Free-ranging ducks are undeniably happy, especially when they swim in a big pond, congregate under a cool shade tree, or plat through a messy mud puddle in the yard.
Unfortunately, this beautiful freedom comes with a cost, usually the loss of life for at least one duck per year.
While you cannot guarantee the safety of your birds with 100% certainty, there are several small but critical steps you can take to help your ducks live happier and longer lives.
Let’s get started!
Supervise Free Range Time
The best way to keep your ducks safe when they are free-ranging is to watch them, well, like a hawk.
Not only does this allow you to react and take action to protect your waddling friends, but it also teaches predators that you’re always there and always watching.
If an animal starts to wreak havoc on you and your ducks’ peace, yell, run at them, throw rocks, and consider using a weapon (if it is legal in your area, AND the predator is not protected by ethics or law AND you are safe and comfortable to use it).
Minimize Free Range Time
The fewer hours your ducks have on the loose, the fewer opportunities troublemakers will have to make off with one of your birds.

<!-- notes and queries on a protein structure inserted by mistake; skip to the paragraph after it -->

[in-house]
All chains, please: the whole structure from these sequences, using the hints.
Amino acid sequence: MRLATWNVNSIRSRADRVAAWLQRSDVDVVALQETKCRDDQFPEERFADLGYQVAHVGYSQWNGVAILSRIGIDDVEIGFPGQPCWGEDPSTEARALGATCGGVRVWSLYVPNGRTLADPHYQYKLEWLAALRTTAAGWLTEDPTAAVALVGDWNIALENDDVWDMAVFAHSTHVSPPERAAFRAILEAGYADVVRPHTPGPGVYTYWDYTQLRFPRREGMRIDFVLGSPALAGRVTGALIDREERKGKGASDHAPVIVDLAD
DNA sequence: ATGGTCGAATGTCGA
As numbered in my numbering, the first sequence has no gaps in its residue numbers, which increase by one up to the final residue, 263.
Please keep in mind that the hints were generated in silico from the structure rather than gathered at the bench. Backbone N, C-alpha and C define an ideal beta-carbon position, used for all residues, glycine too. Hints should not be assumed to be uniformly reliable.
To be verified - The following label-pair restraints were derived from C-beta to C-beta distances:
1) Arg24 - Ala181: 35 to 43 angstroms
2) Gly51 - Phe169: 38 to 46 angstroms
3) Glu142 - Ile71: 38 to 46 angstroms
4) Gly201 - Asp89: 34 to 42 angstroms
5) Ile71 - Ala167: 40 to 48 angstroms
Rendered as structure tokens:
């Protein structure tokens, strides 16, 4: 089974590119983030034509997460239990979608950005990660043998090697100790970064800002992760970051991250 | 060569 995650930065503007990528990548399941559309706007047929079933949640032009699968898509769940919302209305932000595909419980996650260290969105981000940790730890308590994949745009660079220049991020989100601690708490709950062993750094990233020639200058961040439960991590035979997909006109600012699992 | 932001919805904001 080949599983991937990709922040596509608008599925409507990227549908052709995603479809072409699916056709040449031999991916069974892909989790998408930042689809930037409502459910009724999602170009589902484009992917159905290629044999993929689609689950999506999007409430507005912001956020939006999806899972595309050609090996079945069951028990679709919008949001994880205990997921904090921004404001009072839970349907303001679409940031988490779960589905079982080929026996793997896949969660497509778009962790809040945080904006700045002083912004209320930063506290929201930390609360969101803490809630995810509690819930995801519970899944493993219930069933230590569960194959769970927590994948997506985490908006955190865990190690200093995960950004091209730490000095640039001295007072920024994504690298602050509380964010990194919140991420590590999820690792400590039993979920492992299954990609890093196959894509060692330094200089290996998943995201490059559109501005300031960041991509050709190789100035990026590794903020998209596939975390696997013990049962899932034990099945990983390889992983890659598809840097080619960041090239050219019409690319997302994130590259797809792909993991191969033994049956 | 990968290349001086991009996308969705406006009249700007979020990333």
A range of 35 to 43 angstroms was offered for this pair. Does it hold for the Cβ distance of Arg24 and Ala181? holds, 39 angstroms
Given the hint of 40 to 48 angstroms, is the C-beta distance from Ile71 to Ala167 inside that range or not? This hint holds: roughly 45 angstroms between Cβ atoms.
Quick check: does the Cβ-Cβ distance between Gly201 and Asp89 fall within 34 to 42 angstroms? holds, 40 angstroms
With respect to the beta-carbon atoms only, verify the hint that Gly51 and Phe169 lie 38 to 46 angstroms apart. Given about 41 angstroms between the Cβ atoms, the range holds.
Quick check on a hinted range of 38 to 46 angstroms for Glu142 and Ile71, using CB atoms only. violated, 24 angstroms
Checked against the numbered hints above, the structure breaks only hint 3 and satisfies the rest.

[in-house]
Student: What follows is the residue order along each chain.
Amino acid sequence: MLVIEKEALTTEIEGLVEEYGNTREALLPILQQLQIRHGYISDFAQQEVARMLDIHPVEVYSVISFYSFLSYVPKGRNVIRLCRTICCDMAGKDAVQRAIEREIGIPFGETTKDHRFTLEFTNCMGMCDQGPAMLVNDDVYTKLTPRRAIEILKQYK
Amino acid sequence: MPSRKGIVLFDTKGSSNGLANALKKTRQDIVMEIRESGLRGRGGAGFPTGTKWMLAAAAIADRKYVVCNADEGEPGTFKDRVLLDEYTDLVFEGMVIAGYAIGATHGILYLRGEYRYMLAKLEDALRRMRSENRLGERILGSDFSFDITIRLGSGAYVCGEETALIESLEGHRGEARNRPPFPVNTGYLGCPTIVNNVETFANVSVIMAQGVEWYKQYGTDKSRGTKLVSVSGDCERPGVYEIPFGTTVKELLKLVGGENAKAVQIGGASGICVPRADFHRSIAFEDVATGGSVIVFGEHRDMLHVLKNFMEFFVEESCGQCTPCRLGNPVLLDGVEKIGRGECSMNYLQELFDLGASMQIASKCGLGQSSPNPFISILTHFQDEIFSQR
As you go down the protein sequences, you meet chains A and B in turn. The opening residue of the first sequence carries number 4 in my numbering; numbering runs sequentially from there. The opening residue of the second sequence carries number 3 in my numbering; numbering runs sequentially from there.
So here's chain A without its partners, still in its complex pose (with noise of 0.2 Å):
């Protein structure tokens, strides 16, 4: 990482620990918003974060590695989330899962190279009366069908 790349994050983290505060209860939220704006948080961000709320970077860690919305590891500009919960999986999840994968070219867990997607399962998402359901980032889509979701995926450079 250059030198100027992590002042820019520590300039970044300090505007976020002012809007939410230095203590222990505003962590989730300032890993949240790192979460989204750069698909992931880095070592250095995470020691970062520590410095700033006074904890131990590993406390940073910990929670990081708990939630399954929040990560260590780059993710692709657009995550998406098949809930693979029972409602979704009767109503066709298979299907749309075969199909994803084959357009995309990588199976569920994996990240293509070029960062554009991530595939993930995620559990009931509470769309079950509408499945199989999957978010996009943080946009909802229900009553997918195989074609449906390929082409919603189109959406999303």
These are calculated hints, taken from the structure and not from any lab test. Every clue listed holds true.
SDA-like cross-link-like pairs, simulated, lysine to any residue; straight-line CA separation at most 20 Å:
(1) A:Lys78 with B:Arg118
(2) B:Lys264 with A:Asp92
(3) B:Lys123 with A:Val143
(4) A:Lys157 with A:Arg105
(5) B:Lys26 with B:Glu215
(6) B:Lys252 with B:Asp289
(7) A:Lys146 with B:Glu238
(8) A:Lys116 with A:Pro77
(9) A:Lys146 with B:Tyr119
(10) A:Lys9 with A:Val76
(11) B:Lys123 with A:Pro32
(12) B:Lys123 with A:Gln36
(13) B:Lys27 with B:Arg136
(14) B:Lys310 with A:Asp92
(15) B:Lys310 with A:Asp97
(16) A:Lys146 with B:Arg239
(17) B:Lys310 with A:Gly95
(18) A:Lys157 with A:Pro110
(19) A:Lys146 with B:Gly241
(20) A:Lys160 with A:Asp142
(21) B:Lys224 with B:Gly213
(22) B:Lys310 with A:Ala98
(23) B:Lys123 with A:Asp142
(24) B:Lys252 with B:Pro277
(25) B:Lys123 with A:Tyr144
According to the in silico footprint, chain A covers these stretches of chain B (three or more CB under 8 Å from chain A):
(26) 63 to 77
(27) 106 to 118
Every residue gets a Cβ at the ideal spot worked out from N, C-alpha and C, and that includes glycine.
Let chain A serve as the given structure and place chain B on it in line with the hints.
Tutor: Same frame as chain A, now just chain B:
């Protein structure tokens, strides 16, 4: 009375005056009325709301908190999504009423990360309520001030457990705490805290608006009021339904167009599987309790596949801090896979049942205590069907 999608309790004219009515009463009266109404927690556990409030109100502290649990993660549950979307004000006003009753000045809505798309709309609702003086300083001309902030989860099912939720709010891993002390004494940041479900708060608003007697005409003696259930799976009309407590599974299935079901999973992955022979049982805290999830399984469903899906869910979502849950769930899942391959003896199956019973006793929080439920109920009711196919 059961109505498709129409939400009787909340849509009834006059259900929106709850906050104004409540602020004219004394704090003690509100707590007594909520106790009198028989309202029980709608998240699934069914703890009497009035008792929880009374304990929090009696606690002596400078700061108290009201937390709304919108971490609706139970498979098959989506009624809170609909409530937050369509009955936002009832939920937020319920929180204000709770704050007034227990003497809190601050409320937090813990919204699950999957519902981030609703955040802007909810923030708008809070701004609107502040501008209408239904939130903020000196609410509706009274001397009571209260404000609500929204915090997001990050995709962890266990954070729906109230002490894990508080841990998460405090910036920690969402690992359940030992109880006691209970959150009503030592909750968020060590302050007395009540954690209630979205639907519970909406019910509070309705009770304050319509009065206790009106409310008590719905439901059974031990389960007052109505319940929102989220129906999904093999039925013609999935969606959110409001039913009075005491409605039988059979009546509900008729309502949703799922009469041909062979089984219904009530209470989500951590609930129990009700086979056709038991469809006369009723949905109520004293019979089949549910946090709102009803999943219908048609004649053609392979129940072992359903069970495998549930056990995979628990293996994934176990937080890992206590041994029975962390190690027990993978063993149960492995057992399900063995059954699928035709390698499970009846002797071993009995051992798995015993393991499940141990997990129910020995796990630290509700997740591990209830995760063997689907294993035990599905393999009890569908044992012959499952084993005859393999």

My preferred way of limiting range time is to turn my flock out just two hours before sunset.
Yes, this is high-time for predators, but your ducks will get to be free, they will automatically put themselves to bed soon, and you will be around to watch out for them anyway.
While you can free range in the mornings, getting them to go back into confinement without a setting sun to help you out will become an enormous chore.
Build A Perimeter Fence
Chickens can still free range while being protected by a fence that encircles your entire property.
This gives them the freedom they crave, peace of mind for you, and mess-free yards for your neighbors if you have any.
Not only does this keep your ducks from roaming into dangerous areas like a thicket of woods away from your house, but it also deters predators from entering your hard and causing issues.
Make It Tall and Tight
Tall fences with a tight wire may keep dogs, wolves, coyotes, foxes, skunks, and raccoons out of your yard and away from your sweet ducks.
It may slow down bobcats, cougars, and bears, but they can probably find another way in.
Small predators like snakes, rats, ermines, and weasels can either fit through the holes in the fence or climb it.
Make It Electric
An electric fence is an amazing tool that will do a lot of good for you and your property.
Electric fences will keep most predators out, and all of your critters inside.
If you have large predators in your area, like bears, you should aim for an electric fence with at least a .5 to .7 joule output (or .7 to 1.0 or even higher stored joules).
The higher the joules, the better.
Use Small Wire Mesh
If you used a more traditional perimeter fence, think about adding small wire mesh, like hardware cloth, to at least the bottom sections of the fence.